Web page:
GETTING TO THE GOAL: INNOVATE
The Louisiana Talent Imperative recognizes the centrality of innovation to catalyze and drive the talent development system our state needs. Building innovation ecosystems throughout the state, to allow creative ideas to be shared, advanced, and brought into use, is critical to establishing a Prosperity Pipeline. Innovation in this context encompasses three essential components: new and novel approaches to the way education is delivered, methods to measure the success of educational strategies and adapt them based on performance, and continuing to embrace the power and reach of research universities and special purpose institutions in advancing knowledge and new ideas. Building the Prosperity Pipeline to engage all of the state’s talent requires that Louisiana transition from a siloed, linear approach to education to one that creatively blurs the boundaries between PK-12, postsecondary education and business and industry. Therefore, work-based learning must become an integral part of the state’s talent development system. A continuum of experiential learning, apprenticeships, job shadowing, internships, and cooperative education from middle to high schools blends worksite and classroom learning, helping students connect theory to practice, and in particular allowing students to learn by doing. Innovative curricula and education delivery models that weave together learning and work – immersion programs, near-completion specializations, education programs integrated into the work environment – can also help students to understand the relationship of learning to work and being fully prepared to enter the workforce. Finally, in addition to the practical benefits of the experience, if this blended education allows the student to earn postsecondary credits, it can accelerate both time-to-degree and post- graduation wages.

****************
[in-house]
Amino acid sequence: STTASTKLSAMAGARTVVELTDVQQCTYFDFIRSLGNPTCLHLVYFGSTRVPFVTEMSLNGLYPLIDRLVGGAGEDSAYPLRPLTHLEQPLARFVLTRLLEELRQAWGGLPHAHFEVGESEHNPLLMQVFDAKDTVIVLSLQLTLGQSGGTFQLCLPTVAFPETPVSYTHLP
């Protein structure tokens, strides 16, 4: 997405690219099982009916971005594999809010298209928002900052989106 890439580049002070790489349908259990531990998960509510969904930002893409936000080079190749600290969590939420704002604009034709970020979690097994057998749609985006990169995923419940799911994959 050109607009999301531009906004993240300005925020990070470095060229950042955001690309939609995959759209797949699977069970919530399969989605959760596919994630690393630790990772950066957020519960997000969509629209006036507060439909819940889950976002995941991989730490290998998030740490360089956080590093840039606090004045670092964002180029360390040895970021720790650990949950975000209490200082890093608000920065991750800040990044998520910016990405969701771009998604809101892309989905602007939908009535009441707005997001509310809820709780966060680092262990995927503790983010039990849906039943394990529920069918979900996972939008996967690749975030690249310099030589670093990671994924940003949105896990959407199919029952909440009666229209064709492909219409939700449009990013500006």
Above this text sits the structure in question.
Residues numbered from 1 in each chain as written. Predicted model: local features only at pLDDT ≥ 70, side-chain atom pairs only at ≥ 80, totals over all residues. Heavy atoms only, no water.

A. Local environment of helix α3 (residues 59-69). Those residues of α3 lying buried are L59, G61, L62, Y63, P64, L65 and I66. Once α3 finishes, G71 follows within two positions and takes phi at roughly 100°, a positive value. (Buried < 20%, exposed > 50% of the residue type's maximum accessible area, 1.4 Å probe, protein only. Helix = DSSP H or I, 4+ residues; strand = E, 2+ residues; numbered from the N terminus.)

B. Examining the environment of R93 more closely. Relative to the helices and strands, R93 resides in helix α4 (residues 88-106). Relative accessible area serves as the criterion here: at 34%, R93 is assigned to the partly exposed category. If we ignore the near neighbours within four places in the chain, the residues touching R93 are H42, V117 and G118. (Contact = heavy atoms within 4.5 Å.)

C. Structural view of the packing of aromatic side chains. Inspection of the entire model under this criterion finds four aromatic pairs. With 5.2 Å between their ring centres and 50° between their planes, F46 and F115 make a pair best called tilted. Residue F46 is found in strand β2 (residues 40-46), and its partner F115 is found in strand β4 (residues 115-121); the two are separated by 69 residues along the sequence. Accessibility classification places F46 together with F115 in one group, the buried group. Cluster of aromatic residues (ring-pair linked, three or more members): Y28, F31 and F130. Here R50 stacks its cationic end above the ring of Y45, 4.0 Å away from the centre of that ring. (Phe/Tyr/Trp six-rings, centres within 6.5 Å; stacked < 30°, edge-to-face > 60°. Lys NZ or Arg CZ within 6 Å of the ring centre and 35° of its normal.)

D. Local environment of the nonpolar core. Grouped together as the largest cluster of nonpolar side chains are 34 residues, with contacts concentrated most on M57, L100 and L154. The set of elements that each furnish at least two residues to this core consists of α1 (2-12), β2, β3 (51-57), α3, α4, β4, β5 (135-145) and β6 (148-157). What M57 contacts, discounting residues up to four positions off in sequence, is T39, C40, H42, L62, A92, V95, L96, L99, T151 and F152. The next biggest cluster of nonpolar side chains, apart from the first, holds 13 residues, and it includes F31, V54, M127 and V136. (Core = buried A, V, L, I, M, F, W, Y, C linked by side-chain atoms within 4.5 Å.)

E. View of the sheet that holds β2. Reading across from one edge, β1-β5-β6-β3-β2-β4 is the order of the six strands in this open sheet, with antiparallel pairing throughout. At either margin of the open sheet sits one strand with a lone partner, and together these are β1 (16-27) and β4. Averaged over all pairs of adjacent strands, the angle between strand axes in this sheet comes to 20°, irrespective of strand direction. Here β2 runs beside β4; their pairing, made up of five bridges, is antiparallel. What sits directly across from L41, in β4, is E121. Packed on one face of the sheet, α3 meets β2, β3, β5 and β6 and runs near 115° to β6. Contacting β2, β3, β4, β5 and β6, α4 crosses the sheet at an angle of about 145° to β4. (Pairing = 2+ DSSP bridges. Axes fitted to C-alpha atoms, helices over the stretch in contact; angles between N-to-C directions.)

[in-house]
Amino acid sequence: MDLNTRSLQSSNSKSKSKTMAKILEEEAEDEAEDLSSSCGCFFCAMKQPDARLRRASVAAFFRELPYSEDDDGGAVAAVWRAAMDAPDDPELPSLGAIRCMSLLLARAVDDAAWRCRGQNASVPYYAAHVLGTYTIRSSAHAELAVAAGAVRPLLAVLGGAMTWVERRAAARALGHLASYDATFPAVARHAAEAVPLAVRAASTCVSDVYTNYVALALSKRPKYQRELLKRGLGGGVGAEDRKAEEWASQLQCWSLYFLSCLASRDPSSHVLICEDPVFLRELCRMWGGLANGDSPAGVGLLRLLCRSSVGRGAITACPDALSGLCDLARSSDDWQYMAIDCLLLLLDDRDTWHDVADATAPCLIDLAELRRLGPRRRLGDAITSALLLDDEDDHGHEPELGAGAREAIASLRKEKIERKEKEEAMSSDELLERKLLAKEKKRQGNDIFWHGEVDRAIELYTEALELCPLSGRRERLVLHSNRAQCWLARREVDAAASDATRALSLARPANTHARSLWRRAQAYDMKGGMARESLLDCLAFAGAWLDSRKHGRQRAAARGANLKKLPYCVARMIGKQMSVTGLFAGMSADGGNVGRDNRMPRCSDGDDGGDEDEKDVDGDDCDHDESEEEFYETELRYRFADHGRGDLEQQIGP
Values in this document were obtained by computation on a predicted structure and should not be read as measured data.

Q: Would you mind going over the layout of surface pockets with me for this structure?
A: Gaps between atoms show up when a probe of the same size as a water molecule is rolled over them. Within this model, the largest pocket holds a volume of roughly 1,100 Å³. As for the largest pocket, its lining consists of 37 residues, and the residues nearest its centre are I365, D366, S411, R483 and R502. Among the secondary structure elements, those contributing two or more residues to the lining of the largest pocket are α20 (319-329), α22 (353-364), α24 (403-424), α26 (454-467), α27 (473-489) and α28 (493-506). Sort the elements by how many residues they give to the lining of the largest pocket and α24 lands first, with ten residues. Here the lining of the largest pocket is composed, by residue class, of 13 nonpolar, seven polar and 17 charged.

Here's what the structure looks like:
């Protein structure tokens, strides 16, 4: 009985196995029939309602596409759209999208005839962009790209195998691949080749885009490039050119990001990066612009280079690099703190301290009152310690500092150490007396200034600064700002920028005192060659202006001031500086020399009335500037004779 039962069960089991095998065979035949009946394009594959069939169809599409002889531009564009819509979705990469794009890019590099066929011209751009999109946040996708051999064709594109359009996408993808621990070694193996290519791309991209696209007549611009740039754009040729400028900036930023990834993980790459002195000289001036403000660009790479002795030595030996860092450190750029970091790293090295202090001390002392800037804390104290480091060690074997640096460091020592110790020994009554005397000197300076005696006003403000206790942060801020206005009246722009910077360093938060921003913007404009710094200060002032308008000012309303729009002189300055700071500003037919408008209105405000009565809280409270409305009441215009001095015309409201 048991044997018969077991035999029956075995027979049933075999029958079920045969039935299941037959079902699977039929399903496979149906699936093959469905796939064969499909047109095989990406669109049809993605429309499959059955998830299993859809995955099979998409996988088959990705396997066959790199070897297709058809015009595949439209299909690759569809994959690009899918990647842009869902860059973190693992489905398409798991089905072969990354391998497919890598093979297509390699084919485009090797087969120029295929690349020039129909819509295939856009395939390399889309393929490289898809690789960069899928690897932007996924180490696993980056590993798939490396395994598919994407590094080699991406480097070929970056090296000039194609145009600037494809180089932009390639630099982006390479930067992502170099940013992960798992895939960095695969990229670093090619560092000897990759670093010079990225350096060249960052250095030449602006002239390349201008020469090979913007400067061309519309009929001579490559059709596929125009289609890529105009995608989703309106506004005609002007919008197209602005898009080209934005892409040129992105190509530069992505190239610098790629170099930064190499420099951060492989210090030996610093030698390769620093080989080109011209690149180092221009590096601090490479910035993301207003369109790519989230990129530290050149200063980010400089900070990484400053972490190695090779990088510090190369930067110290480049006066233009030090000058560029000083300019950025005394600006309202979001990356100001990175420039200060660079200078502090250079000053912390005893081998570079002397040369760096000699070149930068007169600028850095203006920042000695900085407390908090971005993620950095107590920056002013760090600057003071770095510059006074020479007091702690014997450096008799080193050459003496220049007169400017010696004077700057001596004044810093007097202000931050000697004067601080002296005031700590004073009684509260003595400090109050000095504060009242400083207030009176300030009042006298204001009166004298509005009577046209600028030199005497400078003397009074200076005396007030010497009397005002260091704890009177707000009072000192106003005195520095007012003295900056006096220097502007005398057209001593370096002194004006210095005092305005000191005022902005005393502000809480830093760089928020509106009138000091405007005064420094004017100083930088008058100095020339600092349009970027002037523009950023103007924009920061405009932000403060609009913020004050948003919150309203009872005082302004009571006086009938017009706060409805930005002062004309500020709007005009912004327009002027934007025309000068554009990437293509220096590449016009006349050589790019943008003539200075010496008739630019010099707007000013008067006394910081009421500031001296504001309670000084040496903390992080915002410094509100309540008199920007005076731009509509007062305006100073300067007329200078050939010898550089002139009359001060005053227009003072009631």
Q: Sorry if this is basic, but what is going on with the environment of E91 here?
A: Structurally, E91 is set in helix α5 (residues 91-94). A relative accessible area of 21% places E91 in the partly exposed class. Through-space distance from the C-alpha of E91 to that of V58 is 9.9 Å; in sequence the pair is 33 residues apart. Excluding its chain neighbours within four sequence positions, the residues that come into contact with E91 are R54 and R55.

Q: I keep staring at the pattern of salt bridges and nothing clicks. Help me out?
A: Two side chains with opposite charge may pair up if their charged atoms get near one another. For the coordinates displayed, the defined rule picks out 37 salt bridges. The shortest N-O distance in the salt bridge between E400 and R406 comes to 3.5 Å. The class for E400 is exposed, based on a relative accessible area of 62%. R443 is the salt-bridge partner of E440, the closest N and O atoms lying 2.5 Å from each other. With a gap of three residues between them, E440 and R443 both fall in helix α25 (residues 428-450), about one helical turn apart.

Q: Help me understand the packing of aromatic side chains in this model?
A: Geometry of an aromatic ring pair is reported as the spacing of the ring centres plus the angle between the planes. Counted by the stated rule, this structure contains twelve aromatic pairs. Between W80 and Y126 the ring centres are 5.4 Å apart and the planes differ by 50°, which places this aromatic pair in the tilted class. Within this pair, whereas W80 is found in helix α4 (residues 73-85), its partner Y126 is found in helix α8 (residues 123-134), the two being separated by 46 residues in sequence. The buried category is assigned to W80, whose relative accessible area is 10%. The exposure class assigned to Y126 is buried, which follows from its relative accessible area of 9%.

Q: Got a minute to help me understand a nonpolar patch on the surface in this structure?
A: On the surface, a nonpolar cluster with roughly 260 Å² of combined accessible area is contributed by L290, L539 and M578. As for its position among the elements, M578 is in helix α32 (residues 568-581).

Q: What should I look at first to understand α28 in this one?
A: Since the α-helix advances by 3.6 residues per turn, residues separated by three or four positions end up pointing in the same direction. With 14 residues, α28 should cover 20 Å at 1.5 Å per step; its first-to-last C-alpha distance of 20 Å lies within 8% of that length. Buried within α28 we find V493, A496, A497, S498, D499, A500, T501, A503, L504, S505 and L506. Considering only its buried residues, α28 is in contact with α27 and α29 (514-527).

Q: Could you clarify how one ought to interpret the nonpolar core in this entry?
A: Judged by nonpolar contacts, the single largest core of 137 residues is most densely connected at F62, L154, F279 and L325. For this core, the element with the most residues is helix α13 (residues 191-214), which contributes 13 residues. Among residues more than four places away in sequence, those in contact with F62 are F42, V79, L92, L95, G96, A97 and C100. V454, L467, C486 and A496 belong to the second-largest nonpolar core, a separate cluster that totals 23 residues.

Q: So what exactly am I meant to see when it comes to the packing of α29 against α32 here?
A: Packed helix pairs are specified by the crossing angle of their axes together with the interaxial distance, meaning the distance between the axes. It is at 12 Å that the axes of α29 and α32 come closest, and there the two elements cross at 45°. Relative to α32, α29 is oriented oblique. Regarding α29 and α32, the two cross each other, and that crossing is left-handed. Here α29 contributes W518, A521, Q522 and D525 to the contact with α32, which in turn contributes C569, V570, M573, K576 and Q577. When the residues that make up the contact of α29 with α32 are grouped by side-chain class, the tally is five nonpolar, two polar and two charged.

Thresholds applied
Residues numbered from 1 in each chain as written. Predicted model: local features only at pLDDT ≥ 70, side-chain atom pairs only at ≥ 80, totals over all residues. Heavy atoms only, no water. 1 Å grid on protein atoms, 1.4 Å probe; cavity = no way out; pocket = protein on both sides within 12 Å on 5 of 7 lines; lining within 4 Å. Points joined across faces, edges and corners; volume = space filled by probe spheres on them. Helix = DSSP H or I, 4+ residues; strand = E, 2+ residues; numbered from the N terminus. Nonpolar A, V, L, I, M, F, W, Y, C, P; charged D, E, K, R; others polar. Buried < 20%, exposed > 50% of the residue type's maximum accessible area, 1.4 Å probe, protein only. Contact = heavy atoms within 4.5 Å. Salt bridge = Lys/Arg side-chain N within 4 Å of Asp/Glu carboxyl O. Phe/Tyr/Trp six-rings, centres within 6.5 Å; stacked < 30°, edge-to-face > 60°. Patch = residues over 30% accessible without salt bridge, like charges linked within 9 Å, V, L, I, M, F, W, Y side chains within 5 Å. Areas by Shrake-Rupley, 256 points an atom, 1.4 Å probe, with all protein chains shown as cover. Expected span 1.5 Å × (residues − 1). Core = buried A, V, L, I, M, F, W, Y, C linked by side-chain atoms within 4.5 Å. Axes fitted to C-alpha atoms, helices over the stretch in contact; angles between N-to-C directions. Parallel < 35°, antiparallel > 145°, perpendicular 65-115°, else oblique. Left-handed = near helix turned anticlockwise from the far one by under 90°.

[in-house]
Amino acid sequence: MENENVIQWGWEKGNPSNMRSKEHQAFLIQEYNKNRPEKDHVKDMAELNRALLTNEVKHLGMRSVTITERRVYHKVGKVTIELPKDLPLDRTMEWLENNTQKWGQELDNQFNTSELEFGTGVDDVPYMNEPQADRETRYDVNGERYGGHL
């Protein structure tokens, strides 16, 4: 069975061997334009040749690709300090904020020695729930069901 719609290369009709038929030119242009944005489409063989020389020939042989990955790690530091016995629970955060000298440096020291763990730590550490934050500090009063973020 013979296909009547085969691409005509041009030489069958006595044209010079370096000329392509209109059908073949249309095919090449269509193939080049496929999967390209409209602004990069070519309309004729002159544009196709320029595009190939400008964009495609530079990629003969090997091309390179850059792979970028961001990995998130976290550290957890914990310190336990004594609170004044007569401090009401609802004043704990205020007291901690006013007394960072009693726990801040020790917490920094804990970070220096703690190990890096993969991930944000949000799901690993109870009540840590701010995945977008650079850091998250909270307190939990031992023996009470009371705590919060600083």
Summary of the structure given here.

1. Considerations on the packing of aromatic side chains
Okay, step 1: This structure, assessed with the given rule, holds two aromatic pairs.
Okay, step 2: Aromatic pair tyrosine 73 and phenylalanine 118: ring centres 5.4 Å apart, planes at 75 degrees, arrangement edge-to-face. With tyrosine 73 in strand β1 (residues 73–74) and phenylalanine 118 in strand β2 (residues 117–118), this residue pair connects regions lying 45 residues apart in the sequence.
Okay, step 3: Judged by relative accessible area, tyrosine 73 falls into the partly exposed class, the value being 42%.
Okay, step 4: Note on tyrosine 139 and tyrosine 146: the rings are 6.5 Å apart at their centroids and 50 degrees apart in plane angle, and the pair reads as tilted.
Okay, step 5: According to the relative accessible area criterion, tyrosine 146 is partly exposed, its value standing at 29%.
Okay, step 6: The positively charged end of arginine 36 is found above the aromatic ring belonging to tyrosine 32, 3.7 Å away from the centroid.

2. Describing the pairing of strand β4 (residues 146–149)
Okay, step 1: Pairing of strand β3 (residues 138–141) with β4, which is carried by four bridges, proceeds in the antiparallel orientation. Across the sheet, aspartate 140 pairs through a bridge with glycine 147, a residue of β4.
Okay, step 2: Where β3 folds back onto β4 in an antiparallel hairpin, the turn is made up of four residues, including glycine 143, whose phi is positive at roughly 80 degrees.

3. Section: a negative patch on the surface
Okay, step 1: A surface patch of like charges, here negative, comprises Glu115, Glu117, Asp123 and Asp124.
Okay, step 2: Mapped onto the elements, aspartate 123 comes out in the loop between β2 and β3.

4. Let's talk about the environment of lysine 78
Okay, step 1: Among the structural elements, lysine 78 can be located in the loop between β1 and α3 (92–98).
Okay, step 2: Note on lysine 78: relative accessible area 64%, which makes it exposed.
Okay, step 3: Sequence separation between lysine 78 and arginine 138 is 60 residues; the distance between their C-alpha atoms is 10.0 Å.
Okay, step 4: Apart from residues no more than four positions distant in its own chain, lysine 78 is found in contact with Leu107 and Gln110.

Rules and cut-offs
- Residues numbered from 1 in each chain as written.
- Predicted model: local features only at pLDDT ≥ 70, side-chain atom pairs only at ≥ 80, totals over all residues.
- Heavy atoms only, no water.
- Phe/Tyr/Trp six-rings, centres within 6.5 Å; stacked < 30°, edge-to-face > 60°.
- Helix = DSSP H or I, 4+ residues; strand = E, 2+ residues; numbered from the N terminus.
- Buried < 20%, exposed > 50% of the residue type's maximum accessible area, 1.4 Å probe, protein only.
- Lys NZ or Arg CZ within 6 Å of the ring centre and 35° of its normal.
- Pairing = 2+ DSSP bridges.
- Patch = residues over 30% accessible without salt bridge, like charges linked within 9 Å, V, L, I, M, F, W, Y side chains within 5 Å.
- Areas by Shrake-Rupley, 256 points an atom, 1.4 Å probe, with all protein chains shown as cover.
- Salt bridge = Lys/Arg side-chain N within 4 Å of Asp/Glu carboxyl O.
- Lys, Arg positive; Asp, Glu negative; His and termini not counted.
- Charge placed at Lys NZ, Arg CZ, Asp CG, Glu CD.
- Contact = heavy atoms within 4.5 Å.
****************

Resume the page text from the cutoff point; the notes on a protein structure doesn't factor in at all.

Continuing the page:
Louisiana’s Talent Imperative demands the state expand apprenticeships in high-need fields like information technology, cybersecurity, health care, and advanced manufacturing. Linking education and work explicitly will not only help students in connecting the relevance of their education to employment, it will also forge stronger and more meaningful partnerships between PK-12, postsecondary education, and Louisiana’s private sector.
Higher education must also recognize that beyond students’ technical knowledge and abilities, employers are increasingly seeking soft skills – interpersonal relations, communication, judgment, and ethical problem-solving – that must be part of any curriculum. The IBM Institute for Business Value’s Global Skills Study noted that the technology of work is changing so fast that executives are now more focused on the soft skills of job candidates: a willingness to be flexible, agile, and adaptable to change. Curricula and foundational courses should deliberately prepare students for this aspect of employment, to make them as competitive as possible in the rapidly evolving technology-centered workforce.